Archive of European Projects

Motivating Motor Learning: The Role of Reward, Punishment and Dopamine (MotMotLearn)
Start date: 01 Oct 2015, End date: 30 Sep 2020 PROJECT  ONGOING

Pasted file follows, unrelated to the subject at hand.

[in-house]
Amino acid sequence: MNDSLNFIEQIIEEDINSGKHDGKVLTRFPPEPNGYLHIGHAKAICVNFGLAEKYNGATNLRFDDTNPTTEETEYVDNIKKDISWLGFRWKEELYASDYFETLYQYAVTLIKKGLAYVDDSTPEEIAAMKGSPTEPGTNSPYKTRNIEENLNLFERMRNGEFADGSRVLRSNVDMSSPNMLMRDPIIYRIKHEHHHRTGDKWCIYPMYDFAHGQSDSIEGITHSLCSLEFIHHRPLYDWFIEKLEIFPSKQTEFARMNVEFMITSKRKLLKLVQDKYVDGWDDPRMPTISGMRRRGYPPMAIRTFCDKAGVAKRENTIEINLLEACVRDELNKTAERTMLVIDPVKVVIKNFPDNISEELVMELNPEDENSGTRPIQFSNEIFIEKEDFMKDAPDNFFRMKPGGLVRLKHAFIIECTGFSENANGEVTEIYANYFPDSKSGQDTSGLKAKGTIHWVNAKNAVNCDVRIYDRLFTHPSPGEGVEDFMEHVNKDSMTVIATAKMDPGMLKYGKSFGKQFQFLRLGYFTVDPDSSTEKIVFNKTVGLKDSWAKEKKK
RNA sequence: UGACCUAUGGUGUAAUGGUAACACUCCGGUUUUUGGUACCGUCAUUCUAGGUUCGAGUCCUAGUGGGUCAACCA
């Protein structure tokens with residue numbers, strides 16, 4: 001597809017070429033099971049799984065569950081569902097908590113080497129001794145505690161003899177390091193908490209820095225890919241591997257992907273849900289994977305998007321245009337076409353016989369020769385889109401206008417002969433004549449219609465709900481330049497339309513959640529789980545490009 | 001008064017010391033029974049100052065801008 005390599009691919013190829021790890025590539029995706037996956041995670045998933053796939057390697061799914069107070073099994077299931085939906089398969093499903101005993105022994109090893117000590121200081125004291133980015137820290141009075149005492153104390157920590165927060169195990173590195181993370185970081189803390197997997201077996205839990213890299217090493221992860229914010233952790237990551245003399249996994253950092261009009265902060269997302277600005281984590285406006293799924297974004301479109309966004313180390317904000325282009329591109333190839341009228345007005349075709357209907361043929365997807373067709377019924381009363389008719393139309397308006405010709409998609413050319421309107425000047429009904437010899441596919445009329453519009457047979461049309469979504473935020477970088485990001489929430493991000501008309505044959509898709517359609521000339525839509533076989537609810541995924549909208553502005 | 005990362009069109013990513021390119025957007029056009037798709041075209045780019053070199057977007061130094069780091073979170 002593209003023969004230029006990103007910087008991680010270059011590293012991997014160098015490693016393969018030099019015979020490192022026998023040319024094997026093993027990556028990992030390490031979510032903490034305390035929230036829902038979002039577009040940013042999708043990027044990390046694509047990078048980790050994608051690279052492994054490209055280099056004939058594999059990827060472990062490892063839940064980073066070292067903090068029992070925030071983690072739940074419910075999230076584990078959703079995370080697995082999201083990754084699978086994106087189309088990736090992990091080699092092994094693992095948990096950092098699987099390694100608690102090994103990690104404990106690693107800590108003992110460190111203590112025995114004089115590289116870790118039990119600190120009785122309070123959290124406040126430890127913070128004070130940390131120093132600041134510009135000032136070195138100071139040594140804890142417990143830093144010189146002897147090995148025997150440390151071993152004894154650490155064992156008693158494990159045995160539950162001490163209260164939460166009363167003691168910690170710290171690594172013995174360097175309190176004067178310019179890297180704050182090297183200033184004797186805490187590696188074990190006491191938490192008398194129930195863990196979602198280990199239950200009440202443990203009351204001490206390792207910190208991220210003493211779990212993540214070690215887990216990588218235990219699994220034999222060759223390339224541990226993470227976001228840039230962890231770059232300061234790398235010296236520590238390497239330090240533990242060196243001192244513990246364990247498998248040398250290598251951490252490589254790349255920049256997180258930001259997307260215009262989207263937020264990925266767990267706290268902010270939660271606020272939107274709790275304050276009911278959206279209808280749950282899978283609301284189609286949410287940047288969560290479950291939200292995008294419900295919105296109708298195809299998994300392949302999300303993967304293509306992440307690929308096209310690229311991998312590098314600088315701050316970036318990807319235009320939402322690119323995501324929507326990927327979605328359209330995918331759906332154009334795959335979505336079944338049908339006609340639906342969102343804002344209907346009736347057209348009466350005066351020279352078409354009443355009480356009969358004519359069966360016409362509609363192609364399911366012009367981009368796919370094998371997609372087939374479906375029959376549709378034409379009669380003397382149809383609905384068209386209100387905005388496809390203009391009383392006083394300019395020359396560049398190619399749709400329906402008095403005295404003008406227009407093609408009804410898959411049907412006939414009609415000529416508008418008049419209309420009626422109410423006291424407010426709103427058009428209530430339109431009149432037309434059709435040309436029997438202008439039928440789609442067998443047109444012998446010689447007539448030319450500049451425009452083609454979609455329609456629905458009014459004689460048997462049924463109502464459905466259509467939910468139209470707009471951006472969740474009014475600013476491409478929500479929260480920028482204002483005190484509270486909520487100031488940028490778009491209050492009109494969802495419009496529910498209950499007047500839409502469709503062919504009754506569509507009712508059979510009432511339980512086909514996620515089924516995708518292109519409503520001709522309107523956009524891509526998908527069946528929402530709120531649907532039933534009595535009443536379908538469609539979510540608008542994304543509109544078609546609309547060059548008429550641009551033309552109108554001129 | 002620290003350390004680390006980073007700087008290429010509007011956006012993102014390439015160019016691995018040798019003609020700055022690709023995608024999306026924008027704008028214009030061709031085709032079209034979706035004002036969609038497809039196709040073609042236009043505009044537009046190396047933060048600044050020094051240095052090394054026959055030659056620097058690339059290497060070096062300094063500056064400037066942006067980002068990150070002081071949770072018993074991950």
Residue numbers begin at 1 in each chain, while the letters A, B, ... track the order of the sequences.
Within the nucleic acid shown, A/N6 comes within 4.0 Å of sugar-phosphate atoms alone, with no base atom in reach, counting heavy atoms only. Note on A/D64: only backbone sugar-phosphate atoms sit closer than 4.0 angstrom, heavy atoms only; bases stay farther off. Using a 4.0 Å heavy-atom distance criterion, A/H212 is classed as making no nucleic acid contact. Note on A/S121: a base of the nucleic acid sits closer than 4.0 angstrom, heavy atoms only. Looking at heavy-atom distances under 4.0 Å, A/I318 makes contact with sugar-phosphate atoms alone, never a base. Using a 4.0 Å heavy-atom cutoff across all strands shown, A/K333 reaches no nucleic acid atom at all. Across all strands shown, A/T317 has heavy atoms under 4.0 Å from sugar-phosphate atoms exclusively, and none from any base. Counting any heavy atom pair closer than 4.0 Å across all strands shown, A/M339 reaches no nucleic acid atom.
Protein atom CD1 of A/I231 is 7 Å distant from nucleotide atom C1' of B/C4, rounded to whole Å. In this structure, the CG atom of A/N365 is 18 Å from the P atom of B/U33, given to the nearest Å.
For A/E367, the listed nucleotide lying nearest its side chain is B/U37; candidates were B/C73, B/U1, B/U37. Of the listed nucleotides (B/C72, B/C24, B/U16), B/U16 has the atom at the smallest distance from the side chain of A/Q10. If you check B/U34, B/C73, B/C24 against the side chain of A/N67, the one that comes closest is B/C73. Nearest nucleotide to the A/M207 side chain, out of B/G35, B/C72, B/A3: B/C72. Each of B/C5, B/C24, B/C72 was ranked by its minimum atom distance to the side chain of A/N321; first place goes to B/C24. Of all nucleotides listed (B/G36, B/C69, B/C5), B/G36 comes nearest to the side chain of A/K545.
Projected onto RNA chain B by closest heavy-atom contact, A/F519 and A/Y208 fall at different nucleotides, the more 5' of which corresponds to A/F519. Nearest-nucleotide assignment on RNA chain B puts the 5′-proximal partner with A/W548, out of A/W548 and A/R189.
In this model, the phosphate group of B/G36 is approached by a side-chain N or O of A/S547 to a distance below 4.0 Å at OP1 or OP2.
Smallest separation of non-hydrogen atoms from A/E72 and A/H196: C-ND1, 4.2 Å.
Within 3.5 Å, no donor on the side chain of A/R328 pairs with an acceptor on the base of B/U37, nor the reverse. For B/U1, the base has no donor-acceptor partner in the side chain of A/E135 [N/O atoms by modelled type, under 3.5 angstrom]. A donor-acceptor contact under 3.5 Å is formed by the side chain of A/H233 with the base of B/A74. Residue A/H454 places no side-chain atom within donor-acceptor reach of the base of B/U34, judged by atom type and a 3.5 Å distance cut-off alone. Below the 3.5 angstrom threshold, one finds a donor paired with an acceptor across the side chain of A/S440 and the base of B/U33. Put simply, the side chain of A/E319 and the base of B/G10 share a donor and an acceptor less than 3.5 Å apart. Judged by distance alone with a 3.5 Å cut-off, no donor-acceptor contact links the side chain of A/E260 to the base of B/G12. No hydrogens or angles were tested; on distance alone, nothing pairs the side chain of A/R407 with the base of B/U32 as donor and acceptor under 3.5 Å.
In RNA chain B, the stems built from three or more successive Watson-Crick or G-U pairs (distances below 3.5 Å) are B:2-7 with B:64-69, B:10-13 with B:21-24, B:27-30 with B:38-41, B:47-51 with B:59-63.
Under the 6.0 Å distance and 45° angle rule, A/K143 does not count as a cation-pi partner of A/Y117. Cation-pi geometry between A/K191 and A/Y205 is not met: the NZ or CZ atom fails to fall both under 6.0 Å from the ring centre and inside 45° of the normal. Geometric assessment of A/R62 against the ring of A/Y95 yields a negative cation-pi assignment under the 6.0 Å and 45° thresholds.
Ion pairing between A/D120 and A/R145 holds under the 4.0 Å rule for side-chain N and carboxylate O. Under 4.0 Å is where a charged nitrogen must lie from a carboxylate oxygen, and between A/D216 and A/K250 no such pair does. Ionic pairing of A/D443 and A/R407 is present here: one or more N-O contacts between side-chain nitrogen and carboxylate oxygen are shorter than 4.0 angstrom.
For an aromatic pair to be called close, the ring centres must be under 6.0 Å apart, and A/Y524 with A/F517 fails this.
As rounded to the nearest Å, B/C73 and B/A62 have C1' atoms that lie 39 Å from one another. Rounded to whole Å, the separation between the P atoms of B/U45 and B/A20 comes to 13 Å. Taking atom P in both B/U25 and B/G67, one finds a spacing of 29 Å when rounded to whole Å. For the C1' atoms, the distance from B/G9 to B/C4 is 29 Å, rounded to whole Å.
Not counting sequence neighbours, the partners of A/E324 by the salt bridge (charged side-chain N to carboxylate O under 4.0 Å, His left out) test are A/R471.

Motor learning (the ability of the brain to learn and update how an action is executed) is a fundamental process which influences many aspects of our lives such as learning to walk during childhood; the day-to-day behavioural adjustments required as an adult or in healthy ageing; and the rehabilitation process following an illness or injury. Despite the impact to society, it has proved extremely difficult to develop interventions that significantly enhance human motor learning. Therefore, devising protocols which optimise motor learning is a state-of-the-art research question that promises to deliver scientific, clinical and societal impact.Seeking reward and avoiding punishment are powerful factors in motivating humans to alter behaviour during cognition-based learning (selecting which action to perform), with sensitivity to reward and punishment being biased by the availability of dopamine in the brain. Intriguingly, reward and punishment are also known to affect generic motor learning (deciding how an action is executed) tasks which involve multiple underlying mechanisms. However to establish their potential for optimizing motor learning, we must understand how explicit reward- and punishment-based motivational feedback impact motor learning systems with unique computational and anatomical features (use-dependent/model-free/model-based). Using an unprecedented combination of behavioural analysis, computational modelling, genetics and pharmacology, MotMotLearn will provide the first systems-based account of how reward, punishment and dopamine influence motor learning. This novel approach will enable MotMotLearn to develop theoretically-grounded protocols that utilise reward/punishment in conjunction with dopaminergic medication to optimise motor learning in healthy individuals and stroke patients suffering motor impairments. MotMotLearn will have a profound scientific impact in motor learning with applications to development, ageing, rehabilitation and sports.
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